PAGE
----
He will succeed Blaine Steensland, who filled the position at SOU in an interim capacity last January through June, and has continued to work remotely and in a part-time role with the university since late summer. He retired in 2014 after 28 years in senior enrollment management and student affairs positions with the Penn State University system.

-SOU-

SOU-President Schott-higher education consortium

Southern Oregon’s four higher ed institutions announce consortium

The presidents of four public colleges and universities in southern Oregon joined forces today to create the Southern Oregon Higher Education Consortium – an alliance aimed at streamlining students’ educational pathways and addressing the region’s specific workforce needs.

A memorandum of understanding signed by the presidents of Klamath Community College, Oregon Institute of Technology, Rogue Community College and Southern Oregon University calls upon the consortium members to “promote innovative outreach and educational activities.” It specifically directs the institutions to share information, collaborate on complementary programming and facilities, and work cooperatively on professional training, technology and programming.

“Enhancement of the student pipeline and improvement of degree-completion metrics will be areas of particular emphasis,” the memorandum said.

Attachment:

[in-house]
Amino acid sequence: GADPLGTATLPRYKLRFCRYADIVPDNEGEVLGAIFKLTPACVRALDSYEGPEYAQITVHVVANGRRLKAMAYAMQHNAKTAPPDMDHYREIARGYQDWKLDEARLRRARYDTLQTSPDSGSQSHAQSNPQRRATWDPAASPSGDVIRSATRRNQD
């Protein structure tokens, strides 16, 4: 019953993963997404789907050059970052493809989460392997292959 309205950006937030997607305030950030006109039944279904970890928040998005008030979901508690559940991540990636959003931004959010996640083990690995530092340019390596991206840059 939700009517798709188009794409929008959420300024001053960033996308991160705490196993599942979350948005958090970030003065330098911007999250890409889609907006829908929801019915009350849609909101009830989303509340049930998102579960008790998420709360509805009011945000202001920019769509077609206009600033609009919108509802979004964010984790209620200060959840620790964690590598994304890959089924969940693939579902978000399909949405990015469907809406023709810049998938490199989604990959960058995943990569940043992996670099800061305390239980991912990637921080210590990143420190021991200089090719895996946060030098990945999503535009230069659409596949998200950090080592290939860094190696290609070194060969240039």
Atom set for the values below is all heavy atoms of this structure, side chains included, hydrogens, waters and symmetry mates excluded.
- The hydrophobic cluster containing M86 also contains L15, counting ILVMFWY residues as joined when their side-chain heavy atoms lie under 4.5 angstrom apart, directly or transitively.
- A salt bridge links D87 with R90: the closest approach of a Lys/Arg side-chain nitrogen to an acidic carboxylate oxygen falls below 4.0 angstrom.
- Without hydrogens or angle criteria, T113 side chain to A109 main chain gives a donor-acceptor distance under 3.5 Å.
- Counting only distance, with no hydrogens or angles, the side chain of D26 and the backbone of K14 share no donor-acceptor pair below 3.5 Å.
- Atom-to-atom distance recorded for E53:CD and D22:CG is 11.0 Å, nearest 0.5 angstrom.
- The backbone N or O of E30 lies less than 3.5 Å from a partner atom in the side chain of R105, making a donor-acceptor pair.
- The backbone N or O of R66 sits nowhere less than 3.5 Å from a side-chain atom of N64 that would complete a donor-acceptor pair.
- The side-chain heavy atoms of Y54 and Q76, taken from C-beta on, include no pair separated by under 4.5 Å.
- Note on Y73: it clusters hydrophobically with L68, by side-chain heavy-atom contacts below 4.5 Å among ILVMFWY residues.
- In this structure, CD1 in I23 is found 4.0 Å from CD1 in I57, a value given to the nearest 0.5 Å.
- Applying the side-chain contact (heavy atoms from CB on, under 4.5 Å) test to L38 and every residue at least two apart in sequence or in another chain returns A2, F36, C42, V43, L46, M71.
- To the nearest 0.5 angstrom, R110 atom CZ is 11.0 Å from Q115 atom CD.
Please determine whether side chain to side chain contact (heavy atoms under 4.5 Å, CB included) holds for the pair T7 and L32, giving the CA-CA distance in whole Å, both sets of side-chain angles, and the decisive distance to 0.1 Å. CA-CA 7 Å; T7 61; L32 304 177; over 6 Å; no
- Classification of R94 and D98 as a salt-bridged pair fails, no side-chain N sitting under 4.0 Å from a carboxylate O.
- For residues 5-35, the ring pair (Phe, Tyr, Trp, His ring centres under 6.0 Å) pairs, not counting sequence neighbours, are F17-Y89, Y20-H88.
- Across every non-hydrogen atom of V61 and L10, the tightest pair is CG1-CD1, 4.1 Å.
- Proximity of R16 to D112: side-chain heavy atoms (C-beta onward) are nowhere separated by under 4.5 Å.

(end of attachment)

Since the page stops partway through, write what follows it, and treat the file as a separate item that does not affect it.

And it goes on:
The new consortium – first envisioned a year ago by the four presidents during a lunch meeting halfway between the Rogue Valley and Klamath Basin – will be announced during signing events at 10 a.m. today at KCC’s Founders Hall in Klamath Falls, and at 2 p.m. at the RCC/SOU Higher Education Center in Medford.

The four presidents will discuss their interests in the collaboration during the Klamath Falls event, and will participate in a panel discussion at the Medford event. Randy Cox, executive director of the Klamath County Economic Development Agency, will speak at the Klamath Falls gathering. John Tapogna, president and partner of ECONorthwest, will discuss his organization’s recent report, “Oregon Talent Assessment,” as part of the Medford announcement.

The consortium is Oregon’s first regional coalition of colleges and universities. It is viewed as a pioneering step toward preparing southern Oregon’s students and workforce for a rapidly changing future.